Antigonish Revisited

Yesterday, upon the stair,
I met a man who wasn’t there.
So I grabbed a stick and then
I chased him up the stair again.

Why am I so hostile to,
A guy who’s only passing through?
It was quite a night, you see,
I’d been drinking, out ‘til three.
If he was only in my head,
Then I could stagger off to bed.
Try to get some sleep and pray,
My pounding headache goes away.

Yesterday, upon the stair,
I met a man who wasn’t there.
So I grabbed a stick and then
I chased him up the stair again.

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101 words, for this week’s FFfAW prompt:

Aplogies to Hughes Mearns, and demonstration of why I should be barred from verse.


Wandering the Garage

The tribe was lost in the desert for a long time. Mickey kept them moving and did what he could to keep their spirits up, but the echoing darkness was vast. So long without food, his tribe teetered on the brink. The littlest ones cried and their mothers glared at Mickey in anger.

Dancing Mickey only laughed and kept dancing. “Keep going, the Promised Land is near.”

Out of the darkness arose a tiny, blinking light. As prophesied—“The LED will show you the way”—the way to an entire container of AA batteries; food for the chosen people at last.

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100 words, for this week’s Friday Fictioneers prompt:

PHOTO PROMPT © Sean Fallon

Dragon Slayer

“Malarkey, prepare to engage the enemy!”

Gunner’s mate second class Highjinks Malarkey was the only dwarf in the war fleet because his father owned the ironworks, and certainly not due to any latent sailing ability. His assignment was keeping the guns aboard HMS Spunky well oiled (to prevent rust) and well supplied with cannon balls (for obvious reasons).

For motivation, he drew upon more than 2000 fathoms of ocean water beneath his feet and the Dwarven race’s legendary negative buoyancy.

“Defeat the enemy or swim like a brick,” per his father’s salient marine advice.

The master gunner bellowed, “Dragons to starboard!”

Naturally, the swooping aerial handbags were difficult to fight with cannons. Malarkey gave his favorite gun Matilda an affectionate hug and elevated for every degree the gun ports would allow.

Malarkey held the friction primer cord and waited for a good target. The biggest flying lizard would only present a single clean shot at the right altitude…


“Mason, get downstairs right now.”

“But mom, there are dragons coming! They’ll burn the ship up.”

“Those are only seagulls; and we live in a lighthouse, not a warship. Now put down that slingshot right now and come to dinner. ”

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200 words, for this week’s Sunday Photo Fiction prompt:

Nasty Little Problem

The tiny knife hissed by Anastasia’s right eye and tinked off her headset. She swore softly and backhanded the malicious doll into the cockpit glass. The meurtre effigy sprang up and resumed threatening with its sickle arms.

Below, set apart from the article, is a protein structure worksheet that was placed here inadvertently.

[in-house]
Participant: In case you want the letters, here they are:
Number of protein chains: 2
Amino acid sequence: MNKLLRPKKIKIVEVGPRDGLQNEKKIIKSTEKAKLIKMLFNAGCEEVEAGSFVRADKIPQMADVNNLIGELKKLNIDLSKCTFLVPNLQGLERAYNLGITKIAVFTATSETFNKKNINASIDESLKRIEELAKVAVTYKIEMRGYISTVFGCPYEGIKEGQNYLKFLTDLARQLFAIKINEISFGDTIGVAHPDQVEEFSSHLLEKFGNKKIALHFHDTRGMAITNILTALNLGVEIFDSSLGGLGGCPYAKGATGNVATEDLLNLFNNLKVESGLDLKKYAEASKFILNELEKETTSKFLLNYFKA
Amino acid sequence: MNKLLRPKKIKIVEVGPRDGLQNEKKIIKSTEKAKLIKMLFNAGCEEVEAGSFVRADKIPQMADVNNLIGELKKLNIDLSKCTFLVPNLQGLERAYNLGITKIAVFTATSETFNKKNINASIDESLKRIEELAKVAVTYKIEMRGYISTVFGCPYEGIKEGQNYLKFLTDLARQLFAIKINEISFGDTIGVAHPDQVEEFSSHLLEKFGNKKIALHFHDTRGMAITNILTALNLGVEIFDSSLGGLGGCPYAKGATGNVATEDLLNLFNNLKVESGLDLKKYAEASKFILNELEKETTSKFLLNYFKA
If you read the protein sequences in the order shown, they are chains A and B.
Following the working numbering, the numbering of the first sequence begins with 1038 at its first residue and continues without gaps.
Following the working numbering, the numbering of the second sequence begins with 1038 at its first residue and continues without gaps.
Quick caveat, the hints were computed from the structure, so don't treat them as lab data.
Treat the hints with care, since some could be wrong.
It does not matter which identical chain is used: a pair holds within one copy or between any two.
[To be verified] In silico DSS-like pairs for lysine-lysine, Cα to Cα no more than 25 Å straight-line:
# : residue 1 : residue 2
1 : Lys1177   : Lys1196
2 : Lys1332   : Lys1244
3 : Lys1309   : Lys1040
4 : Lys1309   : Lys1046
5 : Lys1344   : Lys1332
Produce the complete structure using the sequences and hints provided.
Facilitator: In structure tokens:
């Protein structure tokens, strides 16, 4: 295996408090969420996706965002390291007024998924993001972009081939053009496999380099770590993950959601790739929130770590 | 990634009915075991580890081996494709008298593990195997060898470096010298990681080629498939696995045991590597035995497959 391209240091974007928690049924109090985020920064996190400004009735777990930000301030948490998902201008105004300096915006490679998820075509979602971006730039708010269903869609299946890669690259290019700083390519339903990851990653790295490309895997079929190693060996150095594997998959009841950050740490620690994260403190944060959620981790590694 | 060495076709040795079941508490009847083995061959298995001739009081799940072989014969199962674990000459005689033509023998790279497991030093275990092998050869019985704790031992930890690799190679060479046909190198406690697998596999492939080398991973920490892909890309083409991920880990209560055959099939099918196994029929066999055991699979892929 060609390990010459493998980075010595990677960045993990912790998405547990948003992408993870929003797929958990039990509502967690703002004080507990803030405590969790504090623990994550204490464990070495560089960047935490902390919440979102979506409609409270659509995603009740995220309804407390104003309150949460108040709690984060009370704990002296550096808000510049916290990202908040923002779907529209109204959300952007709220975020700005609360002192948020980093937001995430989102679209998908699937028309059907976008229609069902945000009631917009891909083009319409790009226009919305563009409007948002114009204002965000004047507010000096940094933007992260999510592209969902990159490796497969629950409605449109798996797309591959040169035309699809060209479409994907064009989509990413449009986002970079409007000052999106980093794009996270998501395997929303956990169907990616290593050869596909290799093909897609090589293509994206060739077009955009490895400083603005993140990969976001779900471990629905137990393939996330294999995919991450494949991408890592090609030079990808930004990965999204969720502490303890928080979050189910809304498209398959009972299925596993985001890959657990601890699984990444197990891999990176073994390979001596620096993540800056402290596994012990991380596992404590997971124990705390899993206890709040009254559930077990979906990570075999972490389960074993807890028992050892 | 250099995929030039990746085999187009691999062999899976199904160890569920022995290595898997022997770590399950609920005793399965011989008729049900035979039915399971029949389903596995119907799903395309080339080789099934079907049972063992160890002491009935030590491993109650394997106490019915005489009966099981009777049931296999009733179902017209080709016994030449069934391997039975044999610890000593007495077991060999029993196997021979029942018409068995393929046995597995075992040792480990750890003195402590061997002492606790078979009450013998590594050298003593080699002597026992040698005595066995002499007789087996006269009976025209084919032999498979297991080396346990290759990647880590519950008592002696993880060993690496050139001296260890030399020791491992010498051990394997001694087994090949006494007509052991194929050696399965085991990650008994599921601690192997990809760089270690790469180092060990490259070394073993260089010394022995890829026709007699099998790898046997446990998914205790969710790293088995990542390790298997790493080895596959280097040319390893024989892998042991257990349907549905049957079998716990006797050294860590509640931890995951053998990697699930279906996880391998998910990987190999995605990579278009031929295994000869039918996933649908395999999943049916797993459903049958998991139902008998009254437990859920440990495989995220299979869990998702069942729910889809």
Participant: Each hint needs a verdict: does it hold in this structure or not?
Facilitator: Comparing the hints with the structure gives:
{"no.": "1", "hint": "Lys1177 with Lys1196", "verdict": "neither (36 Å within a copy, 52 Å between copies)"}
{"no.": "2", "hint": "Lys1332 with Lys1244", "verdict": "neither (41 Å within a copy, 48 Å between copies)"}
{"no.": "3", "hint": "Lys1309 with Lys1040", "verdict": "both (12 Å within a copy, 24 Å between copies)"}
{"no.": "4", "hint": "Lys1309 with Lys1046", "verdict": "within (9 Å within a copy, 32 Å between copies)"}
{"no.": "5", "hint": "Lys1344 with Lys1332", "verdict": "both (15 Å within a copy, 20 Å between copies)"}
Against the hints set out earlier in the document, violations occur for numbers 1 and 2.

“It can’t harm us as long as the sun’s up,” she reassured her pilot.

Her private Citation X thundered west of NOLA at 618 knots.

“Ease a few points north. Every degree of latitude reduces the necessary airspeed and buys us more time. This little bastard is weakening, it should lose animation soon.”

“Damn my Aunt Cassy and her hostile voodoo takeovers. I’m gratified she’s never learned to anticipate a technological response.”

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110 words, for this week’s Microcosms (10) prompt: billionaire/plane/horror

Selected co-winner of Microcosms (10). There’s probably a badge involved, once I figure out where to get it.

For my second read though of this week’s stories, this was the one I kept comparing all others too. This piece screamed Twilight Zone and the writing was detailed, yet tight. So much in so few words. In fact, I had to check the word count because it felt three or four times longer than it’s 110. That’s good writing.

–Brian S. Creek

Well, I realized this morning where my little murder-doll idea got into my subconscious. A little Karen Black picture (from 1975, I haven’t seen it in 40 years!) “Trilogy of Terror”. All three segments of this film–including the cool segment with the Zuni Fetish doll that chases a screaming Karen Black around her apartment with sharp things–are based on short stories written by Richard Matheson.

It was the very first Chuckie film, essentially.

It feels Twilight Zone because Matheson wrote sixteen Twilight Zone episodes, also “I Am Legend” (a.k.a. “The Omega Man”).

Takes a Licking and Keeps On Ticking

“Whatta you boys wanna rent this crappy old track for, anyhow?”

The octogenarians examined the dirt oval near Odum. The track itself was in terrible shape, deeply rutted from decades of hosting racing events and eventual abandonment.